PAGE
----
Pope Leo XIII not only car­ried “a per­son­al hip flask” of the stuff to “for­ti­fy him­self in those moments when prayer was insuf­fi­cient,” he invent­ed and award­ed a Vat­i­can gold medal to Vin Mar­i­ani “in recog­ni­tion of ben­e­fits received.”

Mar­i­ani even­tu­al­ly pack­aged the glow­ing endorse­ments he’d been squir­rel­ing away as Por­traits from Album Mar­i­ani. It’s a com­pendi­um of famous artists, writ­ers, actors, and musi­cians of the day, some remem­bered, most­ly not…

Com­pos­er John Philip Sousa:

When worn out after a long rehearsal or a per­for­mance, I find noth­ing so help­ful as a glass of Vin Mar­i­ani. To brain work­ers and those who expend a great deal of ner­vous force, it is invalu­able.

Opera singer Lil­lian Blau­velt:

Vin Mar­i­ani is the great­est of all ton­ic stim­u­lants for the voice and sys­tem. Dur­ing my pro­fes­sion­al career, I have nev­er been with­out it.

Illus­tra­tor Albert Robi­da:

At last! At last! It has been dis­cov­ered — they hold it, that cel­e­brat­ed microbe so long sought after — the microbe of microbes that kills all oth­er microbes. It is the great, the won­der­ful, the incom­pa­ra­ble microbe of health! It is, it is Vin Mar­i­ani!

(We sus­pect Robi­da penned his entry after swal­low­ing more than a few glass­es… or he was of a mis­chie­vous nature and would’ve fit right in with the Sur­re­al­ists, the Futur­ists, Fluxus, or any oth­er move­ment that jabbed at the bour­geoisie with hyper­bole and humor.

Mar­i­ani used the album to pub­lish the Philadel­phia Med­ical Times’ defense of celebri­ty endorse­ments:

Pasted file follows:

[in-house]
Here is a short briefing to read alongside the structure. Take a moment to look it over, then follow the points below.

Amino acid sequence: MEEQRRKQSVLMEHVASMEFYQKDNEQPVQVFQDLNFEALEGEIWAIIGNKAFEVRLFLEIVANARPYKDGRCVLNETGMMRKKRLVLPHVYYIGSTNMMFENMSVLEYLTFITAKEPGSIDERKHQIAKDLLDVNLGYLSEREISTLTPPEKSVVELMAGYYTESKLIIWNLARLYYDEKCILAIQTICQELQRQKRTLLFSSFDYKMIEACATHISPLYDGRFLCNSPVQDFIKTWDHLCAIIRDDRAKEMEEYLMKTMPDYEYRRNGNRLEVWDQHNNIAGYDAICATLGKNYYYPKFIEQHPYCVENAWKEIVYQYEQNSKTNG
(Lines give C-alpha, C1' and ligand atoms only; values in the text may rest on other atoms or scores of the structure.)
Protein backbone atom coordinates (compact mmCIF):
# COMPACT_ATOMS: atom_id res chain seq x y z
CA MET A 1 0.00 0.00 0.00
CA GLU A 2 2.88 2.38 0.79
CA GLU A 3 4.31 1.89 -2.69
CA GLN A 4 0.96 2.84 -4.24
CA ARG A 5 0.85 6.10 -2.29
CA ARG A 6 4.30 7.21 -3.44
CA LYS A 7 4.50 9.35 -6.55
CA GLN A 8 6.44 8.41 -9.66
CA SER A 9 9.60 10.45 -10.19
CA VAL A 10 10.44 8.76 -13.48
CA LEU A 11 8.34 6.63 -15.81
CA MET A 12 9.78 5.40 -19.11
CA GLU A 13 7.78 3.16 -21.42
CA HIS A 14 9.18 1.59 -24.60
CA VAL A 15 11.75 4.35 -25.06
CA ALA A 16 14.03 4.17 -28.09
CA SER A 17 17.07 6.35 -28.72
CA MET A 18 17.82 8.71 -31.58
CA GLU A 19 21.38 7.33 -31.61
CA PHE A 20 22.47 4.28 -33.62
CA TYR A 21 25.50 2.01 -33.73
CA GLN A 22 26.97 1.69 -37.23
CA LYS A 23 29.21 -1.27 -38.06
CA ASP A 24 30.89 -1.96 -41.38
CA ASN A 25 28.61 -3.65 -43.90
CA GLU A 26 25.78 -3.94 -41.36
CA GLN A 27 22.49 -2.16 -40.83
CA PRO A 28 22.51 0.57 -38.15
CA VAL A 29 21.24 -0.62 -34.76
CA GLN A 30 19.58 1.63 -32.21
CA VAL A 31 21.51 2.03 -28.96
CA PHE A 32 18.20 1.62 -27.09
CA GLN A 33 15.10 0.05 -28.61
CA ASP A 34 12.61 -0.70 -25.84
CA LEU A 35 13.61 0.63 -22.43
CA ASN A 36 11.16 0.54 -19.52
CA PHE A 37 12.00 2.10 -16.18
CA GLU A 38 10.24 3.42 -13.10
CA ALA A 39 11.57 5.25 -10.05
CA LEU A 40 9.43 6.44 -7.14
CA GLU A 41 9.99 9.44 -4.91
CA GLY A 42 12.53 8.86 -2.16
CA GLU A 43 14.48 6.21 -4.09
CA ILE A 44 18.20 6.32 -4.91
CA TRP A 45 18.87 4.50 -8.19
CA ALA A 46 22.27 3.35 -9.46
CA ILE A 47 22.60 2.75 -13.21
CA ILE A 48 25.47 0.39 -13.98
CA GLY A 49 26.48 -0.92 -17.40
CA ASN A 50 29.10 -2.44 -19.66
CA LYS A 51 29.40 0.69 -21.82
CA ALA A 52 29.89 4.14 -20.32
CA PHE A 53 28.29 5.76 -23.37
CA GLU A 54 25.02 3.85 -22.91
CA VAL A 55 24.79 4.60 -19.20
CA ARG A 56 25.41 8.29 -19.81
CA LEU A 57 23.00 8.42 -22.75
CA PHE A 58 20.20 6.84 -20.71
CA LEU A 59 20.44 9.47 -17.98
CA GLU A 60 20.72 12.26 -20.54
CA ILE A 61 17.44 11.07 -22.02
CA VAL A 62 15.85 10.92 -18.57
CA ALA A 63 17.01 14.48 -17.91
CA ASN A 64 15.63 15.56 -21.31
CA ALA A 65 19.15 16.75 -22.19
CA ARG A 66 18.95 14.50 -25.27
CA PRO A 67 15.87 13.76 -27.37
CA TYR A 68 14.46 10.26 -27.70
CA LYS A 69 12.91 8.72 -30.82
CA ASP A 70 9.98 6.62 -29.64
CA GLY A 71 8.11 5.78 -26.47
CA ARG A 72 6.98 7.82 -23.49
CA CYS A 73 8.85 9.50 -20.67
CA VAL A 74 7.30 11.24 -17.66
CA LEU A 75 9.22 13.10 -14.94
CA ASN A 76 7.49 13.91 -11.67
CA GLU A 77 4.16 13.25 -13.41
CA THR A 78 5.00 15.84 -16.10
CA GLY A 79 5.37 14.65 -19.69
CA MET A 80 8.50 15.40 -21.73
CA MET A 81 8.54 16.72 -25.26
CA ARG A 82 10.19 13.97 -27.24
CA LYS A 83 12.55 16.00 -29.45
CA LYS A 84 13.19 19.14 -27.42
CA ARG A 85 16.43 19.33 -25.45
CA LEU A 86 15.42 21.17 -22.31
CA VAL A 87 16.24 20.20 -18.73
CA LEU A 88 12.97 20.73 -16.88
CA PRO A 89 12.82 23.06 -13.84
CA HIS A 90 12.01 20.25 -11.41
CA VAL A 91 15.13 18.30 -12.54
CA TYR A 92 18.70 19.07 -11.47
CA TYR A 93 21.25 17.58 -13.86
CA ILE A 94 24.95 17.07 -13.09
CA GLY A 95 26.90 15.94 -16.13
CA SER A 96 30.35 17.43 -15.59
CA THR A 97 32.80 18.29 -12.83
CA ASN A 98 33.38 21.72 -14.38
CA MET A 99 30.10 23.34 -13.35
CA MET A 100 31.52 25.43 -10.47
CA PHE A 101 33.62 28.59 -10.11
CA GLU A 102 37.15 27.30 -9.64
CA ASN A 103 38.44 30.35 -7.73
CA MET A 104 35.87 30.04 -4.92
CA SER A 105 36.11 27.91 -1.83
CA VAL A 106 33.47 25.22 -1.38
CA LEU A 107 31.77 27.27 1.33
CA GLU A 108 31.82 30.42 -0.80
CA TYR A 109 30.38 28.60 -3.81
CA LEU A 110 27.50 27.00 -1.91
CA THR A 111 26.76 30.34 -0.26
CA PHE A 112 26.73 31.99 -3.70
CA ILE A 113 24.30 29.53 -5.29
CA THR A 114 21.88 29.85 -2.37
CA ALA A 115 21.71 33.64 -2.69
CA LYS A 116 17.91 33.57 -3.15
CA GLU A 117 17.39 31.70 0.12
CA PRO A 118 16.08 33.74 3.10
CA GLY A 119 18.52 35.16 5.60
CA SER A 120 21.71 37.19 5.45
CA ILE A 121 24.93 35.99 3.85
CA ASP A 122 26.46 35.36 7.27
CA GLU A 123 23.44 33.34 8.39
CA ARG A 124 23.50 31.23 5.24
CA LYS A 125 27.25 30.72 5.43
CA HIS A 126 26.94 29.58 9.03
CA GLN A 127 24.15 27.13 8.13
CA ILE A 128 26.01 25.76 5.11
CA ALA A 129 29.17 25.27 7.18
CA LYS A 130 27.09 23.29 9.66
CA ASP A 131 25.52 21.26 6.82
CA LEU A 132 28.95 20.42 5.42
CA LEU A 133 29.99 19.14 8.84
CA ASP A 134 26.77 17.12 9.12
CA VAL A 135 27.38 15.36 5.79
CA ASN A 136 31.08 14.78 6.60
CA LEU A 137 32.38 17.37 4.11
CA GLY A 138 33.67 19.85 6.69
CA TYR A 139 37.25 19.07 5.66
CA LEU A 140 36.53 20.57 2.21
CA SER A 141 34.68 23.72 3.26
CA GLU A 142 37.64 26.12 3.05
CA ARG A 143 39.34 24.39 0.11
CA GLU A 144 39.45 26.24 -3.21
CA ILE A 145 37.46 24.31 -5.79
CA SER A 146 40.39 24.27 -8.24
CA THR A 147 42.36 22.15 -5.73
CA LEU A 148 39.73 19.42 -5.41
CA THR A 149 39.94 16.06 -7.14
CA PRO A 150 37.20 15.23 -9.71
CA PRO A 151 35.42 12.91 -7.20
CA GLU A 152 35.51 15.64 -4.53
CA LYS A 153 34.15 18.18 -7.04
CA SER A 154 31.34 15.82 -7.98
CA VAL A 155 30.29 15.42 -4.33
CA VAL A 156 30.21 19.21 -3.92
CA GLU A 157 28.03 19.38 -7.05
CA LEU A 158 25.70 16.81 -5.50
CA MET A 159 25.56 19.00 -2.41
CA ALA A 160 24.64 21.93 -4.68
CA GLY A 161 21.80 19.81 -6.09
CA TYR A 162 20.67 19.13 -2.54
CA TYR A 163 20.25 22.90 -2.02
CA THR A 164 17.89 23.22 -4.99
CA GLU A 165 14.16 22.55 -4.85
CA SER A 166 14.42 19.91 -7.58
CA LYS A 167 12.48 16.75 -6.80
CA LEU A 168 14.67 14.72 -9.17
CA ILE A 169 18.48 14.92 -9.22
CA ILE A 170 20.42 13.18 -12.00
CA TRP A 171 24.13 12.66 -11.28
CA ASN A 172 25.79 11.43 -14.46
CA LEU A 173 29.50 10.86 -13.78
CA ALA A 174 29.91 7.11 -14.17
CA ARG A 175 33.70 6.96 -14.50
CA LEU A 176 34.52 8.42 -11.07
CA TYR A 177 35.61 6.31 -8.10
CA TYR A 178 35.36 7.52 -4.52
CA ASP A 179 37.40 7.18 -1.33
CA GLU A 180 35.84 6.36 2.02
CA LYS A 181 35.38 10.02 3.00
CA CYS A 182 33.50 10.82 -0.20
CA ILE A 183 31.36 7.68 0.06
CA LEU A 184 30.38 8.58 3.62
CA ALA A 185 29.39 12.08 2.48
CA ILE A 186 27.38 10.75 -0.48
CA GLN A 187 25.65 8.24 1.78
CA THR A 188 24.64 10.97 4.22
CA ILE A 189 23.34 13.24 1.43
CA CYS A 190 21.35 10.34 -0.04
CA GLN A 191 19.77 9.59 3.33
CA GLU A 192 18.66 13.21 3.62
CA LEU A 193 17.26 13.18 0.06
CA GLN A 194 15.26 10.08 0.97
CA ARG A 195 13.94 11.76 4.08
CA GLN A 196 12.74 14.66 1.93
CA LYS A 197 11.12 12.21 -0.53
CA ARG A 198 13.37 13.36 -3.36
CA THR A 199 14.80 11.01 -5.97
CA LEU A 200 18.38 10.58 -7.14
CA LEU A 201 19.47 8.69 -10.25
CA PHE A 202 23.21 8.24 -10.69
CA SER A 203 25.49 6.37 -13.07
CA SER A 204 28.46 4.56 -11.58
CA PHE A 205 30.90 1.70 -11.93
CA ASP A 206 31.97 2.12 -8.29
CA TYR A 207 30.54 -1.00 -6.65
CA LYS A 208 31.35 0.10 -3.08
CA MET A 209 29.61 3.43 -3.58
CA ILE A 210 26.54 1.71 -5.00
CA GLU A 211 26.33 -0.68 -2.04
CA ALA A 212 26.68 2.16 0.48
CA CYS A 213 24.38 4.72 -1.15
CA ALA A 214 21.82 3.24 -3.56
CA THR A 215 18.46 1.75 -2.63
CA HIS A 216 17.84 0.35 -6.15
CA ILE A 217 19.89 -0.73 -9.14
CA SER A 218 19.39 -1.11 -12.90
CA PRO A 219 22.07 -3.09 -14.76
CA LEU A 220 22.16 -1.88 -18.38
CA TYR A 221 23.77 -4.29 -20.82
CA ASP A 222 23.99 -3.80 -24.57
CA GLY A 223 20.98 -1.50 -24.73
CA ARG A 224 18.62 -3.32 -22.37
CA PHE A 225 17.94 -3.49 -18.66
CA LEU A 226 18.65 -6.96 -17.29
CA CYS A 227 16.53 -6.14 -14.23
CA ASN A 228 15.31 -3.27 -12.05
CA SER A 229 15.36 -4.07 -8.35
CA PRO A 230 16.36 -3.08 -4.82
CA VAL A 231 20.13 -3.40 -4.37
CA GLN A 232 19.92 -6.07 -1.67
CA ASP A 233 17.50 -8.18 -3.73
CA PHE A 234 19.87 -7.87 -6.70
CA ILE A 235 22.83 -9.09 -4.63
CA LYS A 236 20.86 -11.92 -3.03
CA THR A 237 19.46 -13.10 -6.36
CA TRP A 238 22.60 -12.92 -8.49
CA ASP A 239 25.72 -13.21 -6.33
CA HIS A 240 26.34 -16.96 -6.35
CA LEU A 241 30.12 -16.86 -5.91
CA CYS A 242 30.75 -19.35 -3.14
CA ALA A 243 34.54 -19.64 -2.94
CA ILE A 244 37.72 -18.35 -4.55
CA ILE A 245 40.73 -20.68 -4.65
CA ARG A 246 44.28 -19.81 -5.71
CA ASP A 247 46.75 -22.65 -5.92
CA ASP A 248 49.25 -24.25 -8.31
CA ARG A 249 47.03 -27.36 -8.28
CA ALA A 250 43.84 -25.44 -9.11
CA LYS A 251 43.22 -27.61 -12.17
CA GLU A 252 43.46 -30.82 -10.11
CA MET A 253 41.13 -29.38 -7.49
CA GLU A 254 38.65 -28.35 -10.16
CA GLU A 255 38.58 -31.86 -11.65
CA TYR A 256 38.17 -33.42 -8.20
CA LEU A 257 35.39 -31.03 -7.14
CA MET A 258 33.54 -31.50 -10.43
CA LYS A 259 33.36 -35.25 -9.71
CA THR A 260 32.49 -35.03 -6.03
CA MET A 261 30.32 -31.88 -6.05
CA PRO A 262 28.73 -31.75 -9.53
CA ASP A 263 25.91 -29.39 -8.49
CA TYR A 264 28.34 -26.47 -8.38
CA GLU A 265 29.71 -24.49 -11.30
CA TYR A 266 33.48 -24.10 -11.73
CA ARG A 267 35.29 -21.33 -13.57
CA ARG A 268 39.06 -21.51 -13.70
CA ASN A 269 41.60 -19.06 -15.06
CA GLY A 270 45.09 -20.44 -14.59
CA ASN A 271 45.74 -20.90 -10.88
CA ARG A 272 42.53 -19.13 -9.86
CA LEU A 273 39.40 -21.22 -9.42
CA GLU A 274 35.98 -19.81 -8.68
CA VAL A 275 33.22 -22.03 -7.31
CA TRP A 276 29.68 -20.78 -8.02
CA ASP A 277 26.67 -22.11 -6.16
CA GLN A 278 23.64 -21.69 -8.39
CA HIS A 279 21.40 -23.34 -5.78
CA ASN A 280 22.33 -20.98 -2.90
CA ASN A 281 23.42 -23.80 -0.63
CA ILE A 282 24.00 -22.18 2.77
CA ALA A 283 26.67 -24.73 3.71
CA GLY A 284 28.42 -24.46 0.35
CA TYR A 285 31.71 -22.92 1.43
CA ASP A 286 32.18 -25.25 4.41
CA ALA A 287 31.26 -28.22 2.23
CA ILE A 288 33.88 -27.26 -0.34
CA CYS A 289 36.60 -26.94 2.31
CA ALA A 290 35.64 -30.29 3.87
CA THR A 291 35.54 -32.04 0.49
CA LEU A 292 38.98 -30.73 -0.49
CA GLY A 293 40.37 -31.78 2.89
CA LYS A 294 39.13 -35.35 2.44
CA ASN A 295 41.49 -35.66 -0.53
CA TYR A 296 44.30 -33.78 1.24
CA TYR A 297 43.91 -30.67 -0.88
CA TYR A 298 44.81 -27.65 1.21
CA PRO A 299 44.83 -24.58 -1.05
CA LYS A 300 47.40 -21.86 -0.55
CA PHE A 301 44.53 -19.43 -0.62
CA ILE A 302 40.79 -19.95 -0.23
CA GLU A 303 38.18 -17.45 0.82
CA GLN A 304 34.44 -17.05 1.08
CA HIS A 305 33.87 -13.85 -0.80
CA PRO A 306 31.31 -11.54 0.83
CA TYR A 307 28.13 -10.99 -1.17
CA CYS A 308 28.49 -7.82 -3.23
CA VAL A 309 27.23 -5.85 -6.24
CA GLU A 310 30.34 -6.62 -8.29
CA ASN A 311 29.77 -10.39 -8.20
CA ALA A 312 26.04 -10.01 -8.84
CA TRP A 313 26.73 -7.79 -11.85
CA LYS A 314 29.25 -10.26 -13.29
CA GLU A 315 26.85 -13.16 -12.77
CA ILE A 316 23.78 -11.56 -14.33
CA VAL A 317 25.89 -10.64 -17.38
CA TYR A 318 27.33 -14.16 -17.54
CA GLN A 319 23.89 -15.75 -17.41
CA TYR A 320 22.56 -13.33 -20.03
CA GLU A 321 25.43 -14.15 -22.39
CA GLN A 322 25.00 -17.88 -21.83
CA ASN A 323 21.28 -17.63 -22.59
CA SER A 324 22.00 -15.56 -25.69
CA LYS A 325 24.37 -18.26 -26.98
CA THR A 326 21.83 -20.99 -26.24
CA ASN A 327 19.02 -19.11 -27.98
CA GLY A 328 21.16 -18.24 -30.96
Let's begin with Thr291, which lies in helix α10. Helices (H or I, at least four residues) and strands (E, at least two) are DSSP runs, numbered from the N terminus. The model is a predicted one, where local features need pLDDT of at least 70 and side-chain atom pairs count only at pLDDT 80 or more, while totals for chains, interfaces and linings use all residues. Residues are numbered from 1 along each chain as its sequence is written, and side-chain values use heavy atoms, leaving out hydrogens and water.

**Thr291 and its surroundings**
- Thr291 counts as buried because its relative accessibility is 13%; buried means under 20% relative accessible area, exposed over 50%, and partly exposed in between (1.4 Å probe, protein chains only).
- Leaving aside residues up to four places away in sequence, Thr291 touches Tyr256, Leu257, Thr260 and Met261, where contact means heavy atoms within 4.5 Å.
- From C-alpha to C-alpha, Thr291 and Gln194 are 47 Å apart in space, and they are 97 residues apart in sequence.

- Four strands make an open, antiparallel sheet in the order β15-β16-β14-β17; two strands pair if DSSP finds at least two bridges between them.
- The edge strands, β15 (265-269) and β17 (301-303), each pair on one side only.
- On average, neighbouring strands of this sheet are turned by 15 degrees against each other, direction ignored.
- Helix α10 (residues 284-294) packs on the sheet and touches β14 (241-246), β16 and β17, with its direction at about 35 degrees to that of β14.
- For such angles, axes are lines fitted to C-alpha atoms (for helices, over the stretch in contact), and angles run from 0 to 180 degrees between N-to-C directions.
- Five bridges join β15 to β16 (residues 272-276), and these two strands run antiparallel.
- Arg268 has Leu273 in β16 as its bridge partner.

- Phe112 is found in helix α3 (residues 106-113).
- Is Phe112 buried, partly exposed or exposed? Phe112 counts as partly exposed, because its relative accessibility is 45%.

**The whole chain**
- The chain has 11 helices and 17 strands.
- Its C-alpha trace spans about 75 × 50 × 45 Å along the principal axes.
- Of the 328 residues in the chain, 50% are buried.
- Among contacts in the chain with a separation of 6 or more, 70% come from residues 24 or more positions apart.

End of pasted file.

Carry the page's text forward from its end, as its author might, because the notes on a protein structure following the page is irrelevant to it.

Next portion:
The array of notable names is a strong one. Too strong in stand­ing, as well as in num­bers, to allow of the charge of inter­est­ed motives.

Mar­i­ani also includ­ed an excerpt from the New York Med­ical Jour­nal, denounc­ing the unscrupu­lous man­u­fac­tur­ers of “rival prepa­ra­tions of coca” who pirat­ed Vin Mariani’s glow­ing reviews, “crafti­ly mak­ing those records appear to apply to their own prepa­ra­tions.”

Else­where in the album, med­ical author­i­ties tout Vin Mariani’s suc­cess in com­bat­ting such mal­adies as headaches, heart strain, brain exhaus­tion, spasms, la grippe, laryn­geal afflic­tions, influen­za, inor­di­nate irri­tabil­i­ty and wor­ry.

They fail to men­tion that it could get you much high­er than vins ordi­naires, defined, for pur­pos­es of this post, as “wines lack­ing in coca.”

The psy­choac­tive prop­er­ties of coca def­i­nite­ly received a boost from the alco­hol, a col­li­sion that gave rise to a third chem­i­cal com­pound, cocaeth­yl­ene, a long-last­ing intox­i­cant that pro­duces intense eupho­ria, along with a height­ened risk of car­diotox­i­c­i­ty and sud­den death.

…some dead celebri­ties could like­ly tell us a thing or two about it.

Mariani’s for­tunes began to turn ear­ly in the 20th cen­tu­ry, owing to the Pure Food and Drug Act, the grow­ing tem­per­ance move­ment, and increased pub­lic aware­ness of the dan­gers of cocaine.

We may nev­er see a Vin Mar­i­ani cock­tail on the menu at Death & Co, Licor­ería Liman­tour, or Par­adiso, but the Drug Enforce­ment Administration’s Muse­um keeps a bot­tle on hand.

Relat­ed Con­tent

Coca-Cola Was Orig­i­nal­ly Sold as an Intel­lec­tu­al Stim­u­lant & Med­i­cine: The Unlike­ly Sto­ry of the Icon­ic Soft Drink’s Inven­tion

How a Young Sig­mund Freud Researched & Got Addict­ed to Cocaine, the New “Mir­a­cle Drug,” in 1894

The Cof­fee Pot That Fueled Hon­oré de Balzac’s Cof­fee Addic­tion

– Ayun Hal­l­i­day is the Chief Pri­ma­tol­o­gist of the East Vil­lage Inky zine and author, most recent­ly, of Cre­ative, Not Famous: The Small Pota­to Man­i­festo and Cre­ative, Not Famous Activ­i­ty Book. Fol­low her @AyunHalliday.